German Shepherds, include the Blue, are known for certain potential health issues throughout life. The most common health issue is hip dysplasia, which is abnormal formation of the hip joint which slowly breaks down cartilage and causes pain when moving. Owners can help prevent hip dysplasia with supplements such as Cosequin. More extreme cases may require surgery.

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Due to selective breeding and inbreeding of German Shepherds from a single bloodline, other genetic issues and mutations have developed other health issues. These include:

  • Degenerative Myelopathy: a slow, painless degeneration of the spinal cord. Evidently, fatal.
  • Congenital Heart Defects: aortic stenosis, pulmonic stenosis, and patent ductus arteriosus.

You may notice some other minor health concerns, as well, but these aren’t as serious.

  • Panosteitis (growing pains) is a temporary condition noted by limping in dogs ages 5 to 18 months. You can acquire medication to ease pain but the issue usually resolves itself once the dog is full-grown.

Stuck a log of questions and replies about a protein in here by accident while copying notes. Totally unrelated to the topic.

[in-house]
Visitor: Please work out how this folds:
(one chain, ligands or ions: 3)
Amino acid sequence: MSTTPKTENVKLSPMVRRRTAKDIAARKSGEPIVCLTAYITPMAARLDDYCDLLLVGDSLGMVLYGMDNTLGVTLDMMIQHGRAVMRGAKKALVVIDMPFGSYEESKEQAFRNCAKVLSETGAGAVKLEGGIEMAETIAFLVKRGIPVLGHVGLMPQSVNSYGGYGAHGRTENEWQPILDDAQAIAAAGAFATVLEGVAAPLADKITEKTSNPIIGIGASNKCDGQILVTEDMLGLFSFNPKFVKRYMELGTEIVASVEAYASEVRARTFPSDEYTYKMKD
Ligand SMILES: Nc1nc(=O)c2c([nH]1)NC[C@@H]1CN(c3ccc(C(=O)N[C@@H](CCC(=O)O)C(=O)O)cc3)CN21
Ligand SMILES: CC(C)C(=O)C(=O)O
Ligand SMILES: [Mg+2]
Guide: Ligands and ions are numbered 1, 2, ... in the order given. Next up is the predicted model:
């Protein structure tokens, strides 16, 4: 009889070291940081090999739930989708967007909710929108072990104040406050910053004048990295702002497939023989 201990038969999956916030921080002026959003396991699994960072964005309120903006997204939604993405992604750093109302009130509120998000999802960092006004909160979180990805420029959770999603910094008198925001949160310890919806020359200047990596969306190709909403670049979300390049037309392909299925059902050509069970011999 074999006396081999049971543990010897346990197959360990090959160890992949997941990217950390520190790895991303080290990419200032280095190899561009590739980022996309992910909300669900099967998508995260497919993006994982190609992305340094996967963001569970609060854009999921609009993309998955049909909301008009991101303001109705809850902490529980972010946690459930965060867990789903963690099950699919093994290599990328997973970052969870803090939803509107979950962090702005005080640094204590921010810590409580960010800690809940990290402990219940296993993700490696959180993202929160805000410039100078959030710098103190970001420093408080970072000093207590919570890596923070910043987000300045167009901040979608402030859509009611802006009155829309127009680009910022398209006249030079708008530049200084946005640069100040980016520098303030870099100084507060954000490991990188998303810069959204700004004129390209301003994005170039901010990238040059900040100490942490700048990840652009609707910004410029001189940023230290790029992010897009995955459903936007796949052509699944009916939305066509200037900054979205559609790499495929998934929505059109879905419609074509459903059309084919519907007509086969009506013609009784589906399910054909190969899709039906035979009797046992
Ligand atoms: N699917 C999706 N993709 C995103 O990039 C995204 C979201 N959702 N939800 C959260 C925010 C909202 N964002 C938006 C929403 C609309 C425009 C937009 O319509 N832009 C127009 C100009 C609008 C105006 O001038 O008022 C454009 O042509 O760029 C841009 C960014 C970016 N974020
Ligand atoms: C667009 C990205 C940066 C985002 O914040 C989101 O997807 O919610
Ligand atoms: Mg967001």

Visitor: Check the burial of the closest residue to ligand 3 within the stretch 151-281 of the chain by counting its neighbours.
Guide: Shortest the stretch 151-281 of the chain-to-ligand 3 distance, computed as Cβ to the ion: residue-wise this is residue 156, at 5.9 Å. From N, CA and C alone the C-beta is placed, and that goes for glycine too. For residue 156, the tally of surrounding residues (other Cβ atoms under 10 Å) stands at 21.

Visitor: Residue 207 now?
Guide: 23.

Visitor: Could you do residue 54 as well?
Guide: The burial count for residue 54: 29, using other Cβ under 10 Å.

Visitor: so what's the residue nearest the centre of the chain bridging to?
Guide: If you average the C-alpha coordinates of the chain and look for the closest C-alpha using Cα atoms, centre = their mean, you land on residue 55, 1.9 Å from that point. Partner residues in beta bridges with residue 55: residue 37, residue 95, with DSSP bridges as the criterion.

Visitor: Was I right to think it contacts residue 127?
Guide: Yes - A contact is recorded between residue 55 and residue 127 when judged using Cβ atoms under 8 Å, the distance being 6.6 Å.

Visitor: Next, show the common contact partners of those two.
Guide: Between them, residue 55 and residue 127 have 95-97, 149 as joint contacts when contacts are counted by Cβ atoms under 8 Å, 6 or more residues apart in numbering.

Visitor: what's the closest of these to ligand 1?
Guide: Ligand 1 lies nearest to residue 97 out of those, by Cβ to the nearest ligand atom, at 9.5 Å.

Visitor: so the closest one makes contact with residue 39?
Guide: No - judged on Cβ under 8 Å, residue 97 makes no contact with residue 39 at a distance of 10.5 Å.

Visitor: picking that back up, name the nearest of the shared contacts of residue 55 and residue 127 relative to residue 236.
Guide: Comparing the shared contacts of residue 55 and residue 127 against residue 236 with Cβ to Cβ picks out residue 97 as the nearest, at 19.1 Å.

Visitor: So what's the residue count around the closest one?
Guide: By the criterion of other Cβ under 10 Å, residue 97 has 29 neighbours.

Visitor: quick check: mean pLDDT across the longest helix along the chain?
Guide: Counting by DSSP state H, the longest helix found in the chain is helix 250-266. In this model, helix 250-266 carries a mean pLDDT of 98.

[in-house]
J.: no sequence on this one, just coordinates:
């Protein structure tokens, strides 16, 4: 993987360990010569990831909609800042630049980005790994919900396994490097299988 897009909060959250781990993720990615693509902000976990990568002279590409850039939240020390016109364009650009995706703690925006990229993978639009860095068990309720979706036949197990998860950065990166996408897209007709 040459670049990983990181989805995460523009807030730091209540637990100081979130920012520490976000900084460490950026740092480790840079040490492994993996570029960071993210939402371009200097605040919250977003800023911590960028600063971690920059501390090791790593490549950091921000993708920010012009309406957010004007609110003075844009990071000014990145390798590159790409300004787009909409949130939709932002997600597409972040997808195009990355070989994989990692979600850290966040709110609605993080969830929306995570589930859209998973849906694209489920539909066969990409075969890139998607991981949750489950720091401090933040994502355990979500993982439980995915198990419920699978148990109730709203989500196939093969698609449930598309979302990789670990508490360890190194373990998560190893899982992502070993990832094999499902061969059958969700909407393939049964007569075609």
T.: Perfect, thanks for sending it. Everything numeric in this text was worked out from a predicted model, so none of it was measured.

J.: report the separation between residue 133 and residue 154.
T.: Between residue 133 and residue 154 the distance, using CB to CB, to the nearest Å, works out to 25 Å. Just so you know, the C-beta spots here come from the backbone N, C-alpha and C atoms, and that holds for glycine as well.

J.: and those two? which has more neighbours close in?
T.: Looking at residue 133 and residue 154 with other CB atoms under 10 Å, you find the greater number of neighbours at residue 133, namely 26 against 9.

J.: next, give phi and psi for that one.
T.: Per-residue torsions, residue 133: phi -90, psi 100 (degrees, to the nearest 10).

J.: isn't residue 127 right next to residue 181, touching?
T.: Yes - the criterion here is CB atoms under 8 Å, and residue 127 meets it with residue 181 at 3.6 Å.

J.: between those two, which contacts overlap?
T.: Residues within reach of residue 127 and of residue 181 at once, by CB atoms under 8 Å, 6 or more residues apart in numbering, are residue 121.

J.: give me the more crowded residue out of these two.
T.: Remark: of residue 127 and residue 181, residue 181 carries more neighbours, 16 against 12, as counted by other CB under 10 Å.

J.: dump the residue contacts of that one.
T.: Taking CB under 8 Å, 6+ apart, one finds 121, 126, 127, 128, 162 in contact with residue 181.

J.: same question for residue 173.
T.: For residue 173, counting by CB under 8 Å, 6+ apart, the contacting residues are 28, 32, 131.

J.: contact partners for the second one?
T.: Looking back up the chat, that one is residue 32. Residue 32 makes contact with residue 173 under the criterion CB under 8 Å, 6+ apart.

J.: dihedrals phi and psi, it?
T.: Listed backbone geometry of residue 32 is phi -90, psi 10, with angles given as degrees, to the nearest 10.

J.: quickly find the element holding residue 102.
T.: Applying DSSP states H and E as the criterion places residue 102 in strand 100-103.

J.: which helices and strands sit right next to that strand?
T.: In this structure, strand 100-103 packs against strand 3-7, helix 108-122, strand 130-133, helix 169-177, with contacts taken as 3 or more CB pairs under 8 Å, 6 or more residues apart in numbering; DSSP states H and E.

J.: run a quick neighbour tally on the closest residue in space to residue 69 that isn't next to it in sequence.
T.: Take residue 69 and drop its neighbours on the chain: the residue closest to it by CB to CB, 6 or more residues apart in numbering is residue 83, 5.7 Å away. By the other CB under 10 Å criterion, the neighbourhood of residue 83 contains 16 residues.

• Pannus is an autoimmune condition affecting the eye. It is uncurable but can be treated and managed if caught early.
  • Hemophilia is a genetic condition preventing the blood from clotting. It is better if caught, diagnosed, and treated early.

While all these conditions may seem daunting, keeping your Blue German Shepherd active, trained, well-fed, and happy keeps away most major health concerns. Take yearly trips to the veterinarian for instructions on how to best maintain your dog’s health.

Temperament of Blue German Shepherds


Overall, German Shepherds have very appealing personality traits. They’re great for families with or without kids. Even if you’ve never had a GSD before, do some research, learn from trainers and veterinarians, and they’ll be one of the best dog breeds you could choose.

Blue German Shepherds are highly intelligent. They’ll pick up on new commands pretty quickly. Shepherds are also eager to please so they won’t have a problem remembering your commands and performing them eagerly for a treat.